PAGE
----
Couples completed a questionnaire about their pregnancy history, past history and duration of infertility at the first visit. All patients had undergone a routine infertility work-up including transvaginal sonography, hysterosalpingography, and blood tests, and analysis of their husband’s semen was performed. The tubal factor was determined as bilateral tubal obstruction or perifimbrial adhesions on hysterosalpingography. Male sex factor included spermatogenic dysfunction according to World Health Organization criteria (1999) and sexual dysfunction identified in the questionnaire at their first visit. Ovulatory disorders included polycystic ovary syndrome and hypothalamic or pituitary disorders. Endometriosis was determined in those with ovarian endometrioma detected by transvaginal sonography. Recurrent pregnancy loss was determined in cases with repeated miscarriage at least twice.

Statistical analysis

Data are expressed as the mean±standard deviation for continuous variables. Differences between two groups of normally distributed variables were assessed using the Student t test, whereas non-normally distributed variables were evaluated with a non-parametric test (Mann-Whitney test) and Fisher exact test when the expected frequencies were small. A p value <.05 was considered significant.


Hysteroscopy was performed in 613 women, with a mean age of 34.2±4.4 years and mean body mass index of 22.15±3.64 kg/m2. The mean duration of infertility was 2.82±2.41 years. There were 440 (71.8%) and 173 (28.2%) cases of primary infertility and secondary infertility (including recurrent pregnancy loss), respectively.

Abnormal findings of the uterine cavity were observed in 141 of 613 cases (22.1%): 114 endometrial polyps (80.9%), 22 sub mucosal fibroids (15.6%), 3 uterine septa (2.1%), and 2 adhesions (1.4%) (Figure 1). All patients had no complications caused by hysteroscopy.

Figure 1 Hysteroscopic findings of 613 women of childbearing age.

Endometrial polyps were significantly frequent in patients with primary infertility than in those with secondary infertility (p<.05) (Table 1).


Primary, n (%)

Secondary, n (%)


Normal uterine cavity

329 (74.8)

143 (82.7)


Abnormal uterine cavity


Endometrial polyps

96 (21.8)

18 (10.4)


Submucosal fibroids

12 (2.7)

10 (5.7)


Uterine septum

2 (0.5)

1 (0.6)



1 (0.2)

1 (0.6)






Table 1 Hysteroscopic findings according to type of infertility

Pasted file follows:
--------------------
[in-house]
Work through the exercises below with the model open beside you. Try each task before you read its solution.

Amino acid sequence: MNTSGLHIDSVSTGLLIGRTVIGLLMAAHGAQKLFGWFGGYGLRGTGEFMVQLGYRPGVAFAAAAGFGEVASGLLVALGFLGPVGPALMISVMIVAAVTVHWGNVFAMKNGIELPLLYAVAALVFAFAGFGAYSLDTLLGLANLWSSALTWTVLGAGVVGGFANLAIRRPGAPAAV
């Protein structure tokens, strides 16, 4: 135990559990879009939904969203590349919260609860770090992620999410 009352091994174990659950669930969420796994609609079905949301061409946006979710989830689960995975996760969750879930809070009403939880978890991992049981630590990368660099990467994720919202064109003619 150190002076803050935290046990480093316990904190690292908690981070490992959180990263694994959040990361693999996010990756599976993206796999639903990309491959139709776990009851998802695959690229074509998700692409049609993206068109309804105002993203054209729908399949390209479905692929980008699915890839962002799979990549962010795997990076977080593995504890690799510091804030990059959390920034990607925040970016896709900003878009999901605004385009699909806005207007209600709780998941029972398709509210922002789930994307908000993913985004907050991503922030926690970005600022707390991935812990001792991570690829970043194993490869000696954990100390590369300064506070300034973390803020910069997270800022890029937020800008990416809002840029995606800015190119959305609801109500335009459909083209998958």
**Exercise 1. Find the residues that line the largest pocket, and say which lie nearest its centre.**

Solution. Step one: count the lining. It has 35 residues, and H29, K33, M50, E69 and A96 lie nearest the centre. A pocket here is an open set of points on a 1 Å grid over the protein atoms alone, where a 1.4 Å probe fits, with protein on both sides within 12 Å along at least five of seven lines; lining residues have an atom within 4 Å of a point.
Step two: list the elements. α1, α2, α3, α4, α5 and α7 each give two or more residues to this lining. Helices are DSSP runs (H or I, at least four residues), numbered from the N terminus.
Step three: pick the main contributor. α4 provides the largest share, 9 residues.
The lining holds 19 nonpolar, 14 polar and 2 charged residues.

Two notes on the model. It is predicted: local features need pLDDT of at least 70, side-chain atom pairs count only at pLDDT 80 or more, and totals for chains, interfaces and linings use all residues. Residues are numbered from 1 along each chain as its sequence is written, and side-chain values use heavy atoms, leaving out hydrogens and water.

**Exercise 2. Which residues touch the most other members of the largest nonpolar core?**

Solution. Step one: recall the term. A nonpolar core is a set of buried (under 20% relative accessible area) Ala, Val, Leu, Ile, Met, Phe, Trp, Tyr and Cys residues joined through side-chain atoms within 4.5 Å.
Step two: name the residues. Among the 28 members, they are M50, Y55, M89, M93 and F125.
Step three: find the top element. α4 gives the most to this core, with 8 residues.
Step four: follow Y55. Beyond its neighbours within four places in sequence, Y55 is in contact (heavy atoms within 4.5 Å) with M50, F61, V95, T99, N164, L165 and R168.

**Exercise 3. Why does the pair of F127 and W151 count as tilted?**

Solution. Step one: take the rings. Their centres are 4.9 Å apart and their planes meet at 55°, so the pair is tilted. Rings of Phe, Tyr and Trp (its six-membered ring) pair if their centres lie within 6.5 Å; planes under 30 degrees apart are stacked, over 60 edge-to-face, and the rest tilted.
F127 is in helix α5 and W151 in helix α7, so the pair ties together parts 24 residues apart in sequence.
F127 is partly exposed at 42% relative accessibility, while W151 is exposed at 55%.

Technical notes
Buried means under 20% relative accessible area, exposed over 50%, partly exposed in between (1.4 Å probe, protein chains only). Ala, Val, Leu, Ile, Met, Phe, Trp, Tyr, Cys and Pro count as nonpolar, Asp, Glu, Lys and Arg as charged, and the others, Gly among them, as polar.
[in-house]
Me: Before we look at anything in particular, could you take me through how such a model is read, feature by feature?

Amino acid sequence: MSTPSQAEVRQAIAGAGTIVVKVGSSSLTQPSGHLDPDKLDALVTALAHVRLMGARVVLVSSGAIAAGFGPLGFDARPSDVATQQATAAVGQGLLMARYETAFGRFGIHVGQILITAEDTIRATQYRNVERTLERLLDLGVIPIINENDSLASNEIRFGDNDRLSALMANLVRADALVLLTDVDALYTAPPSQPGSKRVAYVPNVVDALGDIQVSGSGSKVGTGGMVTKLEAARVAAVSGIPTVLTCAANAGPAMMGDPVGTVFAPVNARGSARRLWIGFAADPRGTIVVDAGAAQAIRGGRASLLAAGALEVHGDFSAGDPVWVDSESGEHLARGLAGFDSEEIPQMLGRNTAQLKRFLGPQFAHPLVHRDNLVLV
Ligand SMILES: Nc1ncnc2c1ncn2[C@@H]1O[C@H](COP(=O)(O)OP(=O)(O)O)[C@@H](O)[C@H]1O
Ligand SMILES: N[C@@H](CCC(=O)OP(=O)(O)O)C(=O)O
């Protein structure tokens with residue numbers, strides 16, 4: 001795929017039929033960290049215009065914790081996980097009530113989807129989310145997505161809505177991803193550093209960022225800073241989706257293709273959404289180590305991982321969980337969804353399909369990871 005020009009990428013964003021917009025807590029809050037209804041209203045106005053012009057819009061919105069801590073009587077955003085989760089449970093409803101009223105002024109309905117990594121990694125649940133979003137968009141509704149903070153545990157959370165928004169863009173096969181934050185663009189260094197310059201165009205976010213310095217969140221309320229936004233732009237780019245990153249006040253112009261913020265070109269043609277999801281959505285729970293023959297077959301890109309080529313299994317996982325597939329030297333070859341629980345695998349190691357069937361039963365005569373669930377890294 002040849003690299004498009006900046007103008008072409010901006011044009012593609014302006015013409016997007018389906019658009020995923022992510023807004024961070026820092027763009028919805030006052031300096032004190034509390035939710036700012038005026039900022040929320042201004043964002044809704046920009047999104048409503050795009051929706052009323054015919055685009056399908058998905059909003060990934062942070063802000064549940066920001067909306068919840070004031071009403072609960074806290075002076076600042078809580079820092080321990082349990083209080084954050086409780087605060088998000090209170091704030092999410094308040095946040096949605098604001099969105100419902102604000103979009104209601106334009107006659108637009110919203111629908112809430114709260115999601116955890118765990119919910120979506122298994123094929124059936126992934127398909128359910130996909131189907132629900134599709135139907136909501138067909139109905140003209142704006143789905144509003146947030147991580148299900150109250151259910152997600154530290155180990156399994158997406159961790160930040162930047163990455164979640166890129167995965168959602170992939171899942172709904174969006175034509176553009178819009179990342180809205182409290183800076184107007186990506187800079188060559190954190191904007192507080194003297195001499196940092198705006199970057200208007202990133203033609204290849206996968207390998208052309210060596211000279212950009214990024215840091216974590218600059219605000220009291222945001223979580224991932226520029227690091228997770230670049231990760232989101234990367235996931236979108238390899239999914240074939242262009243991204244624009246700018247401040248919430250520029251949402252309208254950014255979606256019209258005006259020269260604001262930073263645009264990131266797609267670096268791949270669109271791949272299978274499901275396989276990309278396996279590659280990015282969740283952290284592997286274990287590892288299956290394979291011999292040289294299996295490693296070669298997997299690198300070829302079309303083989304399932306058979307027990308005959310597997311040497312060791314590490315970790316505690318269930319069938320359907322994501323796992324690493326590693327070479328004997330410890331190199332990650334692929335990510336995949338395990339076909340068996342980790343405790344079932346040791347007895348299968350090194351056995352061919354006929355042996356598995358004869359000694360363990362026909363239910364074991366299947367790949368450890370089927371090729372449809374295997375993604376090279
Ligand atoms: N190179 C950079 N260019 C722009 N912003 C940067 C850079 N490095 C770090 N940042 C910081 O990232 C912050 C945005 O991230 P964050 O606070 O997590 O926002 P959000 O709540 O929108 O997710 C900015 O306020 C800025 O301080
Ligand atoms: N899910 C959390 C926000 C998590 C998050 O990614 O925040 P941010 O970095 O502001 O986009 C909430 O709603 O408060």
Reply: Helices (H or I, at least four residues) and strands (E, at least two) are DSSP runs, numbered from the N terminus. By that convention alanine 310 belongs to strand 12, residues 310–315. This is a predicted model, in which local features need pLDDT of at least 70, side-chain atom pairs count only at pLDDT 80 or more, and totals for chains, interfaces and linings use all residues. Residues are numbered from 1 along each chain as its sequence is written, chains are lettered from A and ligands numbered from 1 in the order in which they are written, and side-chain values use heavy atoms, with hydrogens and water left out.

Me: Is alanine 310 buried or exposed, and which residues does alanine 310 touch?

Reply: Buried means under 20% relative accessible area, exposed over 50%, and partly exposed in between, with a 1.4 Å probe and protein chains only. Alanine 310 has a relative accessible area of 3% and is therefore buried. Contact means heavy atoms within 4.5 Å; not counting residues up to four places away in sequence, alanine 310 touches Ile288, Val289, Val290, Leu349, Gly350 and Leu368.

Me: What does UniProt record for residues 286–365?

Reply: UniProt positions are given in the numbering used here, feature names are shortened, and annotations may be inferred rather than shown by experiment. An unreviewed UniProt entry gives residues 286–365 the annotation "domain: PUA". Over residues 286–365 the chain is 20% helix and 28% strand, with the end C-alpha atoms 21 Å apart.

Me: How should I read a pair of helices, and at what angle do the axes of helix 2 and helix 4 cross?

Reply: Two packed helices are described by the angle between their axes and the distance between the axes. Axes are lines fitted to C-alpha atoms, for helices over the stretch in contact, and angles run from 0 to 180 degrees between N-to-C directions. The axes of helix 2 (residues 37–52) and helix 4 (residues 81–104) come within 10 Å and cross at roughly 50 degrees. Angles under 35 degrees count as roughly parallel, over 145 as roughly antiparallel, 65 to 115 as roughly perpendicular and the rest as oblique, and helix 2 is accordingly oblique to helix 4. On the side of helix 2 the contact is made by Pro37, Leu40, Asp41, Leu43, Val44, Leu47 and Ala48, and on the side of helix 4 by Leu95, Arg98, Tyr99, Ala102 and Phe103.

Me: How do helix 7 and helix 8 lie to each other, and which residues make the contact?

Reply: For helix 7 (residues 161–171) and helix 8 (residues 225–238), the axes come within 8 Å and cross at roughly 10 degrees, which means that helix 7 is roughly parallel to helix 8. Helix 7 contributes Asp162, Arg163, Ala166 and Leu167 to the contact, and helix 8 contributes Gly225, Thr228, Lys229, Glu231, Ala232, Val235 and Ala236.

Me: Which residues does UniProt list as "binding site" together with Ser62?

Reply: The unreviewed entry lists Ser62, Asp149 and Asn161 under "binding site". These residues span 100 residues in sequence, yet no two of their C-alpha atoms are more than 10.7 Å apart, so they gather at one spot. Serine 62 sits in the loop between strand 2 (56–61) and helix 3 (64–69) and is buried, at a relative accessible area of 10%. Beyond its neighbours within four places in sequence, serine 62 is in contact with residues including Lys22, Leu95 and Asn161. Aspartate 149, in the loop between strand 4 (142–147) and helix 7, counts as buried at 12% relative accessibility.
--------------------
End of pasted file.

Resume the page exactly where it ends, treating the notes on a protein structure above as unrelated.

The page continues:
In the endometrial polyp group (n=114), the age-specific prevalence rate was highest at age 35-39 years (p<.05) (Table 2). We also compared the relationship with infertility factors (including recurrent pregnancy loss) and normal uterine cavity (n=472). Endometrial polyp was frequently accompanied with endometriosis (p<.005) and rarely with recurrent pregnancy loss (p<.05) (Table 3).

Age (y)

Polyps/women, n (%)


15/100 (15.0)


33/202 (16.3)


54/234 (23.1)


12/77 (15.6)



Table 2 Women with endometrial polyps according to age group


Women with polyps (n=114)

Women with normal findings (n=472)

P value





<35 years








BMI (kg/m2)












Duration of infertility (y)




Type of infertility, n(%)



96 (84.2)

329 (69.6)



18 (15.8)

143 (30.4)


Causes for infertility






Tubal factor




Ovulatory disorder




Male sex factor








Recurrent pregnancy loss




Table 3 Comparison of women with polyps and normal findings
BMI, body mass index; ns, not significant

Among 114 cases that had endometrial polyps, 21 cases underwent polypectomy at the secondary hysteroscopic procedure using trans-cervical resectoscope (TCR), and 6 cases (28.6%) got pregnant within 1 year after polypectomy. Five out of these 6 cases got pregnant without advanced assisted reproductive technologies (ART), while 21 out of 93 unresected cases got pregnant without ART.


Hysteroscopy is frequently conducted for evaluation of the uterine cavity,5 and an endometrial polyp is a common lesion found during hysteroscopy. In the present study, 18.6% of new patients with hopes of childbearing had endometrial polyps. In previous studies, endometrial polyps were observed in 8.3% of patients before assisted reproductive technology (ART)6 and 32% of patients undergoing in vitro fertilization (IVF).7 In these studies, hysteroscopy was performed as a routine investigation before starting ART. Additionally, there are other studies in which endometrial polyps were found in 24% of infertile women8 and even in only 5.8% of asymptomatic patients undergoing IVF.9 Nevertheless, there should be a general concern for the invasiveness of hysteroscopy as a routine investigation, which is why the present study was conducted.